Monday, January 07, 2013

Hysteria over fire risk

Fire warning

In Saturday's post, Saturday Morning Musings - fires, land management & risk, I discussed Australia's record with bushfires and bushfire management.

I was very critical of the way Australia handles its fire warning system, adding a catastrophic code red category after the bad Victorian fires in which so many lost their lives. I thought then and still do that the additional category represented over-kill.

You will get a feel for this from this story in The Illawarra Mercury: Get out now, commissioner urges most at risk. Hat tip to Neil Whitfield for the link. I quote from the story where the bushfire chief is cited:

“If you live in bushland or an isolated area where there is a catastrophic fire danger rating your only option is to leave early. You could move to a built up area, away from bushland, such as the centre of a town.’’

The Illawarra, Shoalhaven and Southern Ranges have a fire danger rating of catastrophic.

Now there is a problem here. This is from the Sydney Morning Herald tonight.

It was just one of a number of fires across the state, as emergency services prepare for 'catastrophic' fire conditions on Tuesday.

Premier Barry O'Farrell on Monday made an emphatic appeal to all NSW residents to be fully prepared for the worst.

"Tomorrow is not just going to be in the 40s, it will perhaps be the worst fire danger the state has ever faced," he said. "Do what emergency services tell you, particular the rural fire service. Act early.

But is this potentially the most catastrophic, the worst fire danger, NSW has ever faced? Well it depends, for NSW is a big state. Almost certainly notFamily playing Yarramundi, though. The risks are very real, people need to be warned to respond, they need to have their fire plans in place. But beyond that?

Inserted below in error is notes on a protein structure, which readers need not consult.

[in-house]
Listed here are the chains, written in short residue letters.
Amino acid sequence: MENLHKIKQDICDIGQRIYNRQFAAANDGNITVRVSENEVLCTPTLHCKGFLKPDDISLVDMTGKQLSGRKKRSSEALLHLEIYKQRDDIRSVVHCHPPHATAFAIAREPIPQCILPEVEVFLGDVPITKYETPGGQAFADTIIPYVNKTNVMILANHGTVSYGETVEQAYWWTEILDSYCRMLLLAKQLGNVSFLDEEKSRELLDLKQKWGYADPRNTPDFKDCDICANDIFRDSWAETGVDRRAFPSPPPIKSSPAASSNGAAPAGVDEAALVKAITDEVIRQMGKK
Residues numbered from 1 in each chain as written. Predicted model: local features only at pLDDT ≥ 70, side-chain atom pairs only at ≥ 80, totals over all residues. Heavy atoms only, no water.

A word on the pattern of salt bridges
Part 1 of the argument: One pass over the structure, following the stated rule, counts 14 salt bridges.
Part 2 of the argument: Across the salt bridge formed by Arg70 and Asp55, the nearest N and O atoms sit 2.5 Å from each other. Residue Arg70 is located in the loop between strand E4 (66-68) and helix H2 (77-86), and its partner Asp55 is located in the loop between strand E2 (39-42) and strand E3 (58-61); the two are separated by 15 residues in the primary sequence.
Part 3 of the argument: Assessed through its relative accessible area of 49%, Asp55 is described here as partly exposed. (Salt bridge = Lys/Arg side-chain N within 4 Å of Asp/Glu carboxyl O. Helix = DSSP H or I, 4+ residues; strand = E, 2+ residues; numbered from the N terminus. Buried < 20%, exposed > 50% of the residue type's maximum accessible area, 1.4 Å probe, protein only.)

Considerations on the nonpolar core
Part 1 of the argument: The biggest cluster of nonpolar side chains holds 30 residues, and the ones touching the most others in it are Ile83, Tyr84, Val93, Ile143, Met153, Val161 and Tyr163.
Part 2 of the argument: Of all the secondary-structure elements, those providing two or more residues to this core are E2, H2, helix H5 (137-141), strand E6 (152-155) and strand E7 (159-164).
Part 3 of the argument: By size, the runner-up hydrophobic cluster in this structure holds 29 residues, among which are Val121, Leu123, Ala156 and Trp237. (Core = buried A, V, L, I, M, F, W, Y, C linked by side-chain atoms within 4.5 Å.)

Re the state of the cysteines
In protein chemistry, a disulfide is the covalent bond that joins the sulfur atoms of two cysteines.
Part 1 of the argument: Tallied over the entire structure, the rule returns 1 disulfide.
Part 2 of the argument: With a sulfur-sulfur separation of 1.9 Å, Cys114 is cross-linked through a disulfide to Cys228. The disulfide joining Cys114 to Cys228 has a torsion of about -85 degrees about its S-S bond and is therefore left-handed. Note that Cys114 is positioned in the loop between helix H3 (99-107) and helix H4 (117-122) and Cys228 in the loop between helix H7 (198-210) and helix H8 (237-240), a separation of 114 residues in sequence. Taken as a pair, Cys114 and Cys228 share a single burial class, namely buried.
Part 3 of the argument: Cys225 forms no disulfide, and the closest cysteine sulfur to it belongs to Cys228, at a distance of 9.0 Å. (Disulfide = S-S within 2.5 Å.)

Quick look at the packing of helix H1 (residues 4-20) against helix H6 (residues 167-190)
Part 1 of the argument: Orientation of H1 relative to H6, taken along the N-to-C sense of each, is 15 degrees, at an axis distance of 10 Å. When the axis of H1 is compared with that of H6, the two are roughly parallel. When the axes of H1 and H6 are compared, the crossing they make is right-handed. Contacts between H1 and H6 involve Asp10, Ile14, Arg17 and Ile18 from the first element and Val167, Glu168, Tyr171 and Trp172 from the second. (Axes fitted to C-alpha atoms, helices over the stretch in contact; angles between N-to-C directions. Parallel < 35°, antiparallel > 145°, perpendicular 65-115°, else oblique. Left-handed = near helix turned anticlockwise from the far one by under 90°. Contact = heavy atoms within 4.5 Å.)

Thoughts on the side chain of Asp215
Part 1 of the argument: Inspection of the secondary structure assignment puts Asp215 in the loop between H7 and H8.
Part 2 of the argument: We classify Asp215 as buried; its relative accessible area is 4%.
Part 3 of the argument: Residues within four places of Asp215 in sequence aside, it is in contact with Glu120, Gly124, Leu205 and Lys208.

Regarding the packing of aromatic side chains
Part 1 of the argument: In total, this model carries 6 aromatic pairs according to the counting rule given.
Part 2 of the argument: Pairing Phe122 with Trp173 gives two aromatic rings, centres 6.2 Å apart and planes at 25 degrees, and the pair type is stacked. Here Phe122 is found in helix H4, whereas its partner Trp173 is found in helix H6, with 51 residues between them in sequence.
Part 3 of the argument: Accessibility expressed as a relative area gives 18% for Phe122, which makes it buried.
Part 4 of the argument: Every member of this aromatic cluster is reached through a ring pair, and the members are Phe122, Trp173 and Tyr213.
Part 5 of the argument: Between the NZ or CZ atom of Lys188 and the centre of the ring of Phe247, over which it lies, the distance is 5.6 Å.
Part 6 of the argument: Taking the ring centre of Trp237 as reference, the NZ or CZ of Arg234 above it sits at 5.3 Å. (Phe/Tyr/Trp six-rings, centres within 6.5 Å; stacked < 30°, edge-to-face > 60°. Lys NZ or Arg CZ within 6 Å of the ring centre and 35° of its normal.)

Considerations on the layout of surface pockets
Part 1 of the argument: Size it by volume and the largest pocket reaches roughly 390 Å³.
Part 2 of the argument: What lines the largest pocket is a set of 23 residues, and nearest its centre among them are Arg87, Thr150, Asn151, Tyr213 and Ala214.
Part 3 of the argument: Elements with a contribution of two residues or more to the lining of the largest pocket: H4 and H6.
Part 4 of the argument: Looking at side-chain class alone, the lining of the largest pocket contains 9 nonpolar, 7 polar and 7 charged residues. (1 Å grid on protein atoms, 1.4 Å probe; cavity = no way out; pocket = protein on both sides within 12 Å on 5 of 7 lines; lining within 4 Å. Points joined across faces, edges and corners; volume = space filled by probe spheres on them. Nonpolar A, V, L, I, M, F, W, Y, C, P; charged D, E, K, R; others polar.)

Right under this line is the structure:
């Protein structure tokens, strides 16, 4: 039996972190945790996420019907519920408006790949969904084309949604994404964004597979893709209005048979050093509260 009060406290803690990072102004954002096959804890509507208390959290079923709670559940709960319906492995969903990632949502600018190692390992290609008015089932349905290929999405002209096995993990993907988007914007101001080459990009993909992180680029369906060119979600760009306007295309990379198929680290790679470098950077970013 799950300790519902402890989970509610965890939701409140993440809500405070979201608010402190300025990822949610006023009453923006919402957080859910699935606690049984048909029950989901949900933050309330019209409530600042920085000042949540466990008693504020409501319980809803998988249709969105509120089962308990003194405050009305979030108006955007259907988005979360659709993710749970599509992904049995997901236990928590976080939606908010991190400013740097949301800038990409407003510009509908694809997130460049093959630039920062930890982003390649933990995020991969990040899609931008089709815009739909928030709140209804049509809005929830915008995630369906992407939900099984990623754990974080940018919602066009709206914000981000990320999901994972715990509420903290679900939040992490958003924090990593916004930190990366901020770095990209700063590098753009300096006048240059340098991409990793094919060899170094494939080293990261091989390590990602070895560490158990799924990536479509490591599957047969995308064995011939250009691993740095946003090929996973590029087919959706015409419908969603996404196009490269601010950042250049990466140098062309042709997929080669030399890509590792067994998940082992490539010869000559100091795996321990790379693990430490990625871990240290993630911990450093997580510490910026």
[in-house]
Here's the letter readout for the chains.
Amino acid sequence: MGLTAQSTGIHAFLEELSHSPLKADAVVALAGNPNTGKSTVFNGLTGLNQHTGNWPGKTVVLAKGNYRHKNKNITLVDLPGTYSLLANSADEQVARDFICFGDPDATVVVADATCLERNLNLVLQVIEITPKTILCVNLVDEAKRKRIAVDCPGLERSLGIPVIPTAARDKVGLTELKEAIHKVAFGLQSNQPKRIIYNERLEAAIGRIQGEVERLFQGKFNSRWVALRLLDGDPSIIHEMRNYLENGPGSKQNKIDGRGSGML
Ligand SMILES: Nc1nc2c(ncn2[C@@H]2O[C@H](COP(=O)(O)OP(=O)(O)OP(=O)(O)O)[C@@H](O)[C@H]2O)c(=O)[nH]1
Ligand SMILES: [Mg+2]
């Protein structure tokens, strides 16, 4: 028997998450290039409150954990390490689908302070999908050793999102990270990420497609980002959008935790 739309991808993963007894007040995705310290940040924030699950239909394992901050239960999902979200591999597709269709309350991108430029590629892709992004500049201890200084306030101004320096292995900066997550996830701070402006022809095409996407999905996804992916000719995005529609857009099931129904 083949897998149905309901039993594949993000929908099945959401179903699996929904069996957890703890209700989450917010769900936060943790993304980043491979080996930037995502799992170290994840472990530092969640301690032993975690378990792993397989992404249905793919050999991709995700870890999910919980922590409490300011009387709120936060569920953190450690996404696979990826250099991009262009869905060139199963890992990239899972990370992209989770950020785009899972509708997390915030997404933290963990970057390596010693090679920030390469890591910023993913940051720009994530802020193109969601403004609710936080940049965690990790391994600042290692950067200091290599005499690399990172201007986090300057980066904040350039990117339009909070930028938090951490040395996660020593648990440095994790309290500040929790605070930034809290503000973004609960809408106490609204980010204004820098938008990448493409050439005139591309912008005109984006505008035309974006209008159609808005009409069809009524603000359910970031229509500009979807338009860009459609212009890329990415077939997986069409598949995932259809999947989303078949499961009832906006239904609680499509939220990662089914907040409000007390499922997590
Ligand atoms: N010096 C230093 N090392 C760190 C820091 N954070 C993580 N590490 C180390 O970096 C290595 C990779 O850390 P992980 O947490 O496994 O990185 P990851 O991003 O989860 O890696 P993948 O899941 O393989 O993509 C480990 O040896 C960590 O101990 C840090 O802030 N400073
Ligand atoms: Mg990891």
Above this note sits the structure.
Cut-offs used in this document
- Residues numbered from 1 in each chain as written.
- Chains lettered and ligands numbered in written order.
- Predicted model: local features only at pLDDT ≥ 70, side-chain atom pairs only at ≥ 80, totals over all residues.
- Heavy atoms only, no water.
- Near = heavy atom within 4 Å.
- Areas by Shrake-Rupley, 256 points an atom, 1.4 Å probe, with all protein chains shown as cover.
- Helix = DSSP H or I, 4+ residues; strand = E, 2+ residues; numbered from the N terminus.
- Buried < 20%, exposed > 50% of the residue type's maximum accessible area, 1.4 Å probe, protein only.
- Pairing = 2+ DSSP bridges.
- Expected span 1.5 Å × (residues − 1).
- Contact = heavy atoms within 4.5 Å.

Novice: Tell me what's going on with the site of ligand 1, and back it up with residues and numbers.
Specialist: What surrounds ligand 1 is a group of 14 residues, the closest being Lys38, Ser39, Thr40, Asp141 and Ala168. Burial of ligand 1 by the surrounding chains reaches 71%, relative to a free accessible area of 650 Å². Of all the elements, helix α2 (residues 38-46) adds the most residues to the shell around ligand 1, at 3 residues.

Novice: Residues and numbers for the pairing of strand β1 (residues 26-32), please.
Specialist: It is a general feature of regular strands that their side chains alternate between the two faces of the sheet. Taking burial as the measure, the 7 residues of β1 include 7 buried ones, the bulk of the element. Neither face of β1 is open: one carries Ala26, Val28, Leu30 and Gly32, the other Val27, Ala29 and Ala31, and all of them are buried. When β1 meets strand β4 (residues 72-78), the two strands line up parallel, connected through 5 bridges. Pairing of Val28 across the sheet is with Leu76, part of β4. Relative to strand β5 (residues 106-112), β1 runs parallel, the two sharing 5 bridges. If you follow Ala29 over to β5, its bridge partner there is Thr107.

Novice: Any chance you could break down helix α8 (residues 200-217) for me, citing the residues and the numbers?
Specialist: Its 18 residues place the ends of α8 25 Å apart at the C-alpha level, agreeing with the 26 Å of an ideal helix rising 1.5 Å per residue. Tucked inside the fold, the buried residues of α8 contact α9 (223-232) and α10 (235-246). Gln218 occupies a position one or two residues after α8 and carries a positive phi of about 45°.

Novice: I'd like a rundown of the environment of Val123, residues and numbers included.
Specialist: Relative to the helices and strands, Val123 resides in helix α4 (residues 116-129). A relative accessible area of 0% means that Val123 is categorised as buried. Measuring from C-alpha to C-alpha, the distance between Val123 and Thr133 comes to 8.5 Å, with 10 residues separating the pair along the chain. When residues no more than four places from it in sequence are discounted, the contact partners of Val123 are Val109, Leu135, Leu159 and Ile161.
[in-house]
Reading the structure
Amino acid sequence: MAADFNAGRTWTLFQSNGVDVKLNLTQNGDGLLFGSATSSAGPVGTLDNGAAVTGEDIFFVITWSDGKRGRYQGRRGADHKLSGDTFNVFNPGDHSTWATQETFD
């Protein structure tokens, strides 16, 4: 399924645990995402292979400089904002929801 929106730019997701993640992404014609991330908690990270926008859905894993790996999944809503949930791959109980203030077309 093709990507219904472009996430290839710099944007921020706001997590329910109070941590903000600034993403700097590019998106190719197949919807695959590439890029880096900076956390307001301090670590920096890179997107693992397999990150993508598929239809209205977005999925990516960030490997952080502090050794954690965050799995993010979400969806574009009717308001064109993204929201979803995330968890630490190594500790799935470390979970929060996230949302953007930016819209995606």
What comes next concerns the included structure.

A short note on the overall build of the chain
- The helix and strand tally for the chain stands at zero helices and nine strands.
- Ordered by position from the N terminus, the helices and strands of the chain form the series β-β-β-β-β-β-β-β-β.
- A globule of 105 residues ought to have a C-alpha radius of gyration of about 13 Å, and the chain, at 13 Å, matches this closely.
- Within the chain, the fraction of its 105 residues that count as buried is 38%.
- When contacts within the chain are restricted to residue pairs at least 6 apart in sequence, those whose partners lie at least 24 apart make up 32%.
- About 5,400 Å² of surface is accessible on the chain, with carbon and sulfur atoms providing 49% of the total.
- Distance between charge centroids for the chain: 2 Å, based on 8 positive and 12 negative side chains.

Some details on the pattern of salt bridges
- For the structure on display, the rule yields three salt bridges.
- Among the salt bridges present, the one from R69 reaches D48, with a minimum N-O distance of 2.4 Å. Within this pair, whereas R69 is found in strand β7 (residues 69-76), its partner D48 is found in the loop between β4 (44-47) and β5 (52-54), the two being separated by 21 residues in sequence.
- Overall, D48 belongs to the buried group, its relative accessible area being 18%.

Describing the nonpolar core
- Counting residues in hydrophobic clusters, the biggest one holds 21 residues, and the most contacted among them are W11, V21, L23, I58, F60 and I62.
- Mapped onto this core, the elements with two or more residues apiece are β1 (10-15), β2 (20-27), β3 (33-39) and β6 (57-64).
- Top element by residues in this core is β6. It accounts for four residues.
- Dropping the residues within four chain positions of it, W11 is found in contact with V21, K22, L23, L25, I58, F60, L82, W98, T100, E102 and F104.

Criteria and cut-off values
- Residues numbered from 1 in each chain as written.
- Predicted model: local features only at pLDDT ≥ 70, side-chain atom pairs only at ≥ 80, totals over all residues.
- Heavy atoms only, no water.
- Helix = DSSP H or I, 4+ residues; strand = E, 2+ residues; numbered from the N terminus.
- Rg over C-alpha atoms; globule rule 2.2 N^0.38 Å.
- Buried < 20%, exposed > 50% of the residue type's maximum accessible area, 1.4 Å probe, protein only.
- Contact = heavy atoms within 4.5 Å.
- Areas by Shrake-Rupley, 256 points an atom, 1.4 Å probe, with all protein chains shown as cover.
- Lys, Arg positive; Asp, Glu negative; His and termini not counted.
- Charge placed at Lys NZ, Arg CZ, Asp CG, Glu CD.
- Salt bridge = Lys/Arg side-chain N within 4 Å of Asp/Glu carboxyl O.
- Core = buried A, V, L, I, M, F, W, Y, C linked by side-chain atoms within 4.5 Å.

There is no doubt that tomorrow will be hot, if not as hot as expected even six hours ago. There is no doubt that fire conditions are bad because of the build-up of fuel. There is a chance that big fires may break out in the hot, gusty conditions. This post may seem silly, even insensitive, if a huge fire does break out. Even so.

This peaceful shot is taken at the foot of the Blue Mountains on New Year's Day at the Yarramundi Recreation Reserve. The time is about nine in the morning. The temperature is already around 33. By lunchtime, it was 37. We therefore set off for the Blue Mountains down the Bell's Line of Road in search of lower temperatures. In the lower Blue Mountains, the temperature was much the same.

Now this next shot shows the mountain country just off Bell's Line of Road.I have selected it because you can see the fuel, the grass and scrub, that has accumulated during the wet weather. Driven by wind, a hot fire would sweep through here very quickly, So the dangers we are talking about are very real. Indeed, I was very conscious of them, and actually kept an eye out for smoke. Blue Mountain scenery, Bell's Line of Road

To understand why, this next shot shows part of Bell's Line of Road. It's actually not a good shot for my purposes, but it is the only one I had. The point is that it's not a very wide road. Further comments follow the photo. Fruit stall, Bell's Line of Road

Bell's Line of Road is one of two roads across the Blue Mountains. It would clog very quickly. The main highway, the Great Western Highway is worse, for it runs through the populated areas on the mountains and gets clogged very quickly. In the event of a panic, people could easily be caught in fire.